Vick playing waiting game 

May, 29, 2007
The key words to understand what might happen in the Michael Vick dog-fighting investigation is "prove to be involved." The NFL, the Falcons and commissioner Roger Goodell really can't do much until the dog-fighting case goes through the legal system. That probably means he won't be suspended in 2007. Cases such as this take as long as eight or nine months to document and litigate. It's pretty evident finding direct, indisputable evidence of Vick's involvement won't be easy. Though the dog fights might have occurred on a property he owns, it isn't proof enough of his involvement. The bad news for Vick is having this case drag on will continue to cost him fans and support.

Change of heart? One ray of hope for Chiefs quarterback Trent Green and his desire for a trade to the Dolphins is the salary cap rule changes on June 2. A year ago, the league and the NFLPA changed rules involving trades. Starting last year, a player who is traded after June 1 will have the remaining pro-ration past this season count the following season. In Green's case, the Chiefs wouldn't be charged roughly $2.4 million in a cap hit. The Chiefs have plenty of cap room so this isn't a big provision. The Chiefs still want a fourth-round choice. But they may be willing to accept a conditional sixth in June more than in May with the salary cap adjustment.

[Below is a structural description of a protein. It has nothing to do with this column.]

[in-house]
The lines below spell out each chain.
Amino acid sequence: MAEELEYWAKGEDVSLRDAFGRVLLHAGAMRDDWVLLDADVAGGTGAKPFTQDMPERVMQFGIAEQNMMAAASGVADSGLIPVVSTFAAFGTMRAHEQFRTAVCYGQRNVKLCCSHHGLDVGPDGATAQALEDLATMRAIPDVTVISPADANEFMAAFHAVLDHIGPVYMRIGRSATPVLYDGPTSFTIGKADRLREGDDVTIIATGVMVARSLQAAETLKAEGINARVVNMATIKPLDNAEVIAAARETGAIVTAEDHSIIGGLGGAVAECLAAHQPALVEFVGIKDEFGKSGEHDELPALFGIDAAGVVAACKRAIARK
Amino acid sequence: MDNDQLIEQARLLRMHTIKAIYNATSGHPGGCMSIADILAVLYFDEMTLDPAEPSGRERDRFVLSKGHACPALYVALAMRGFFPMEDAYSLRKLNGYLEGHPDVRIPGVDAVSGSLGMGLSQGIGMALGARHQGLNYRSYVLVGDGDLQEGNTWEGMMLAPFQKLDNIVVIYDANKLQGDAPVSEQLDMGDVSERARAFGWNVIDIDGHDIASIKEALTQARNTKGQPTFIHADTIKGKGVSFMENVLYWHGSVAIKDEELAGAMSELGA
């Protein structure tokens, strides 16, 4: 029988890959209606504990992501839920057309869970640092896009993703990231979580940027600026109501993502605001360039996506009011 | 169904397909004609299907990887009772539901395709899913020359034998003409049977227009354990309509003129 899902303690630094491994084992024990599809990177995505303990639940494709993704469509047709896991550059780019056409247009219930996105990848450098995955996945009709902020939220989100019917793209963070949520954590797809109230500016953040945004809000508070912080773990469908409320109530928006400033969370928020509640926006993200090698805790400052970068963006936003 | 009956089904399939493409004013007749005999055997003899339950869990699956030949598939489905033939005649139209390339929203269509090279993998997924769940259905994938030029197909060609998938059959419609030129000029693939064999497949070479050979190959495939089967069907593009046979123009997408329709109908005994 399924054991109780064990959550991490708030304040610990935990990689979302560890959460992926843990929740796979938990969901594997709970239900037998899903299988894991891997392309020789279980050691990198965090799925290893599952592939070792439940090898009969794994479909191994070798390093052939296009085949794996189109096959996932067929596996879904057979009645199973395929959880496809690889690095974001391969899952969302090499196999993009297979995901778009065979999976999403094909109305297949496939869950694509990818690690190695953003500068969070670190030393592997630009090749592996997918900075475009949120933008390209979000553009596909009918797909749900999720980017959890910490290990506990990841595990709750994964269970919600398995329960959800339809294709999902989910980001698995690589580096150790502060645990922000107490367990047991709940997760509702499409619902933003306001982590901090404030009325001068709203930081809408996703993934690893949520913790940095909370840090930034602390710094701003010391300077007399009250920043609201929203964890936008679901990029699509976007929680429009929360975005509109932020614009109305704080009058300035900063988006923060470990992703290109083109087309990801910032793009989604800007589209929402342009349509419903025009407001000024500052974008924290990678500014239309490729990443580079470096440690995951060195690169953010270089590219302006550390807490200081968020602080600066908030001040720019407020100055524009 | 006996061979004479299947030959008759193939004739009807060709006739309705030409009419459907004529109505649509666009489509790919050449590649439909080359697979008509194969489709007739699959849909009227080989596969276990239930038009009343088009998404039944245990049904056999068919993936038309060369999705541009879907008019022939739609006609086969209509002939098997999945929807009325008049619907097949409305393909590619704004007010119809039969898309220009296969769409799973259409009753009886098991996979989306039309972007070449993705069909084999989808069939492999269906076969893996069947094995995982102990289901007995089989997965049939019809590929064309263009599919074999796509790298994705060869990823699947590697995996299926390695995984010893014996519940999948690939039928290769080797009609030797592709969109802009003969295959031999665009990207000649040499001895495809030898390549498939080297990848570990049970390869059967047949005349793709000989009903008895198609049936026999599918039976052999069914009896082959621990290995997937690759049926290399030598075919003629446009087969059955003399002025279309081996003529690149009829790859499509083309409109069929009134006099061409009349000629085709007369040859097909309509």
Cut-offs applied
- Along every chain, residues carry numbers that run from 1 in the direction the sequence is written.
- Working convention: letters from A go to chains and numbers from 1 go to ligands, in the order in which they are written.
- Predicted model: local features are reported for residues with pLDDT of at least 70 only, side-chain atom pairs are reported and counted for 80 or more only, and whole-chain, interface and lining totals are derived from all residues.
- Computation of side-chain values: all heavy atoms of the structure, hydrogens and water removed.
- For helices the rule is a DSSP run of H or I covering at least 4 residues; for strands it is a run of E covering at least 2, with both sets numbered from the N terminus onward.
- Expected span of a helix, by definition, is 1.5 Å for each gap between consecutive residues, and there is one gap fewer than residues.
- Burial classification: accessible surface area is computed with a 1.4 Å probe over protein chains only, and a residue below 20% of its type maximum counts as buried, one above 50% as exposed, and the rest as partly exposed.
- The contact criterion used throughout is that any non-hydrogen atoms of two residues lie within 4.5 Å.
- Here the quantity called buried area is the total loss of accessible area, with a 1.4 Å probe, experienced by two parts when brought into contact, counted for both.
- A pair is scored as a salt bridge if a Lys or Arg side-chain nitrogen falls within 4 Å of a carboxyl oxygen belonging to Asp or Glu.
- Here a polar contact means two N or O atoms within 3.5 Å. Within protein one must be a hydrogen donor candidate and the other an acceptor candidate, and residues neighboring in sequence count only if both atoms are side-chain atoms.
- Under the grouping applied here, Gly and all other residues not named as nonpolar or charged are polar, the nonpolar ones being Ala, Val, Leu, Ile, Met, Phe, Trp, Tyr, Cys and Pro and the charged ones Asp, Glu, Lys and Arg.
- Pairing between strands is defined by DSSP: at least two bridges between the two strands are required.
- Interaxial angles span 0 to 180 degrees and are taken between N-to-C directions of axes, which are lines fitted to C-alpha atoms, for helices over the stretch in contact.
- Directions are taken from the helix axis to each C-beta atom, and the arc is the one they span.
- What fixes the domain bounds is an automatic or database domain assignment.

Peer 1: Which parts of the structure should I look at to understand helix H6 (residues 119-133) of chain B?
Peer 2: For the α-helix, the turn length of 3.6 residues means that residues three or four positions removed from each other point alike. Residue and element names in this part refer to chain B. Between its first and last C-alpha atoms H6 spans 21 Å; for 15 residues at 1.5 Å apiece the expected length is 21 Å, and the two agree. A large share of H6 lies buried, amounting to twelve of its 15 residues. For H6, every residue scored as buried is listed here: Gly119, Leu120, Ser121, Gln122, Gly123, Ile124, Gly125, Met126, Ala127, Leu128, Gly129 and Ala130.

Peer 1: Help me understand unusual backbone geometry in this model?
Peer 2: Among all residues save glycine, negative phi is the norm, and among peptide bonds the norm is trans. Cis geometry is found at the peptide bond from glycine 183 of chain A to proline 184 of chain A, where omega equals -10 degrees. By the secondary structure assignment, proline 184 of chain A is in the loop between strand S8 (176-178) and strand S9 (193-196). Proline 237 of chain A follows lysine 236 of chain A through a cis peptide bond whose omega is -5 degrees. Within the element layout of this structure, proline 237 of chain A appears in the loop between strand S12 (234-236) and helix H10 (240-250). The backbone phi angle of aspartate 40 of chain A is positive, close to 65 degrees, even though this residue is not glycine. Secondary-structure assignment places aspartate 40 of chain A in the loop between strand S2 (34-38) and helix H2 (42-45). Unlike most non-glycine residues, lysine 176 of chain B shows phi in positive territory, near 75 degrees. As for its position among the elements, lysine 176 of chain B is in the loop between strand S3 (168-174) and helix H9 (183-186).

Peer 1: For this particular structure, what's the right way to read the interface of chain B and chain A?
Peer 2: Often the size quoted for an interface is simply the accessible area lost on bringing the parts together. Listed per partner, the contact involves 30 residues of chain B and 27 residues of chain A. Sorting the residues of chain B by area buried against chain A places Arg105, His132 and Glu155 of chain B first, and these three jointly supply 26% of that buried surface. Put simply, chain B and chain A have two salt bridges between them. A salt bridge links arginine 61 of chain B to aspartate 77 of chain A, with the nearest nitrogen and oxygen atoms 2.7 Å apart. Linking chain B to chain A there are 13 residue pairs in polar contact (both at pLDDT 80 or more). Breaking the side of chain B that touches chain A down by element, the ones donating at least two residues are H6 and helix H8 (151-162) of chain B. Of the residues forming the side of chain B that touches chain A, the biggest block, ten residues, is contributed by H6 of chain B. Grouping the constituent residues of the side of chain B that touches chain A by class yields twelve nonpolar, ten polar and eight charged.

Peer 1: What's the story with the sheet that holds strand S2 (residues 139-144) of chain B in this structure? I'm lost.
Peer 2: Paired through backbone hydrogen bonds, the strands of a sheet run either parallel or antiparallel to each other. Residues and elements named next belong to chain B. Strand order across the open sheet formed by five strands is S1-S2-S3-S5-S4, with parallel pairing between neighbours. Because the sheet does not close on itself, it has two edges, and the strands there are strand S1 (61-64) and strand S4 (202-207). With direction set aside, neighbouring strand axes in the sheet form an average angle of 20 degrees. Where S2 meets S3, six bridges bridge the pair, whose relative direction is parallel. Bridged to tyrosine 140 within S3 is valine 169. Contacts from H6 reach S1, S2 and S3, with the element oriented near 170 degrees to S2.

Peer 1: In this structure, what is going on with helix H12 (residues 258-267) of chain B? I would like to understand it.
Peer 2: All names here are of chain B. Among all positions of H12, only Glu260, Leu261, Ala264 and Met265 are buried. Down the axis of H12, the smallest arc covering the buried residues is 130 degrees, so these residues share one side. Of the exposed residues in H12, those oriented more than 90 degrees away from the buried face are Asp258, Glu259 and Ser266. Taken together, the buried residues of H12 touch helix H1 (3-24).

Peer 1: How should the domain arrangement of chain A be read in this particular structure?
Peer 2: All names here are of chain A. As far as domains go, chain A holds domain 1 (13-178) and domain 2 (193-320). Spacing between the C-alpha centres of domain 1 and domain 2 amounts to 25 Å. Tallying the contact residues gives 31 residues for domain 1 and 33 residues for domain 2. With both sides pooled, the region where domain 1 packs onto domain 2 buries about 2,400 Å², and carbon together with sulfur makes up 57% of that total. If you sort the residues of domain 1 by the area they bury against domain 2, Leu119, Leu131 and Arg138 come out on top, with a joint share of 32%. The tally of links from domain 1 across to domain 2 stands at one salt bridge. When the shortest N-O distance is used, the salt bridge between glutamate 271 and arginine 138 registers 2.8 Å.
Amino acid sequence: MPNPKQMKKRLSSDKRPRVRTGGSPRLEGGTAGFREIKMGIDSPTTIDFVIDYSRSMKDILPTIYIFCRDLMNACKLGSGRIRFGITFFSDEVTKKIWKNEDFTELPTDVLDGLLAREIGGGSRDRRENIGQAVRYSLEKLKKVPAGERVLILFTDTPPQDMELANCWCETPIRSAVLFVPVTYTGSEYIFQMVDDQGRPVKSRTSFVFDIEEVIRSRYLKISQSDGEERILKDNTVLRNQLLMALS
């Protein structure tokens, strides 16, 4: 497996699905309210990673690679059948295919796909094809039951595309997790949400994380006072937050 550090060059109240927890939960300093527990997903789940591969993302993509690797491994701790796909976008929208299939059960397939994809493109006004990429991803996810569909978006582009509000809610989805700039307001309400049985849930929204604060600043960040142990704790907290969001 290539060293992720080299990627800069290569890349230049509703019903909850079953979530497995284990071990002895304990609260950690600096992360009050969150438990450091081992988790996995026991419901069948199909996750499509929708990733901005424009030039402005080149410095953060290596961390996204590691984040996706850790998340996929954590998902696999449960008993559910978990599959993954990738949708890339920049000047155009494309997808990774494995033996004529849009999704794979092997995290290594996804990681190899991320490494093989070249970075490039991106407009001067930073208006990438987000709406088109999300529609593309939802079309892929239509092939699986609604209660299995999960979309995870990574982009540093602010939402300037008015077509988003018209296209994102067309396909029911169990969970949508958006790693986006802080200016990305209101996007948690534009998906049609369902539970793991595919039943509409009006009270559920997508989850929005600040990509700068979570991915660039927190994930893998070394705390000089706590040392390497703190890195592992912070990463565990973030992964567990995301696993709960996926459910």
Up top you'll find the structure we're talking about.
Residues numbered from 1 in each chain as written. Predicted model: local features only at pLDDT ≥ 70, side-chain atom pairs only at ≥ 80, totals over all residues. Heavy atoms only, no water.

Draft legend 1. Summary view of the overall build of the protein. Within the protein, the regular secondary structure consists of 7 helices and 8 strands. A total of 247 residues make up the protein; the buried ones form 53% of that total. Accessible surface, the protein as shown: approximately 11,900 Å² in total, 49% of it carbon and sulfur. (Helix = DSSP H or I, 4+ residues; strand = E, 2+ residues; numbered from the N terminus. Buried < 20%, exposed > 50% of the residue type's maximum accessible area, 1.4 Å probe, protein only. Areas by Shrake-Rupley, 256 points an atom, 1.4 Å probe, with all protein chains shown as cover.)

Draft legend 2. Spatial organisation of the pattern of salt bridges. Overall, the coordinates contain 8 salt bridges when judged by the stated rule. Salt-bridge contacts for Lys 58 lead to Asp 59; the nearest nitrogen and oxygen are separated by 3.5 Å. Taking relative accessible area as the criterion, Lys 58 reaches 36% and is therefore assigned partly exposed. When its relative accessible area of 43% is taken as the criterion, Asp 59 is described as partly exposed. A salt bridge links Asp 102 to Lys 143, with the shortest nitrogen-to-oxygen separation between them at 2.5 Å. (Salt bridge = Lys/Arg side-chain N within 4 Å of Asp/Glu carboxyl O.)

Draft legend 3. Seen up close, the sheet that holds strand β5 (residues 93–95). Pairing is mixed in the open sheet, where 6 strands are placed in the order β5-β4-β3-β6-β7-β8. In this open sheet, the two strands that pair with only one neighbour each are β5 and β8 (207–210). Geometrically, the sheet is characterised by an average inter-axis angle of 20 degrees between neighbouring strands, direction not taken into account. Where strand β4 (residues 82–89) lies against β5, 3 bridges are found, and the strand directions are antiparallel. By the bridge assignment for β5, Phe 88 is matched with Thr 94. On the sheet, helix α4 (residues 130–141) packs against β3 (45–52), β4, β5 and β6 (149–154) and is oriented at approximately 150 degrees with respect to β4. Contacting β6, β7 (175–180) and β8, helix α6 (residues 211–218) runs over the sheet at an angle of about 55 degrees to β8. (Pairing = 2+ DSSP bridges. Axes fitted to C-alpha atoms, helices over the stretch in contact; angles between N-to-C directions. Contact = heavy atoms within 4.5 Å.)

One more try: Though it might be hard, the city of Indianapolis needs to regroup and try to get the Super Bowl in 2012. Last week, the city lost a close call to the Northern Texas area. The loss was bitter in Indianapolis because the area and owner Jim Irsay put so much into it. After pushing so hard and losing, Indianapolis may have a tough time trying to make another bid. They should. They put themselves in position to get the next northern Super Bowl. Were it not for the 100,000 seats being pushed by Jerry Jones of the Cowboys, Indianapolis might have gotten the 2011 Super Bowl. They need to give it one more try.

Stirring up interest: The supplemental draft is scheduled for July 12, and it should be an interesting one. Georgia cornerback Paul Oliver plans to apply after learning he's not going back to school because of academic reasons. Oliver was considered one of the top cornerbacks in the 2008 draft and a potential first-round choice. He'll probably go for a second- or third-round choice because he should run a sub-4.4 40 time if he trains well in the next month. Other names will start to filter through for the supplemental draft over the next several weeks.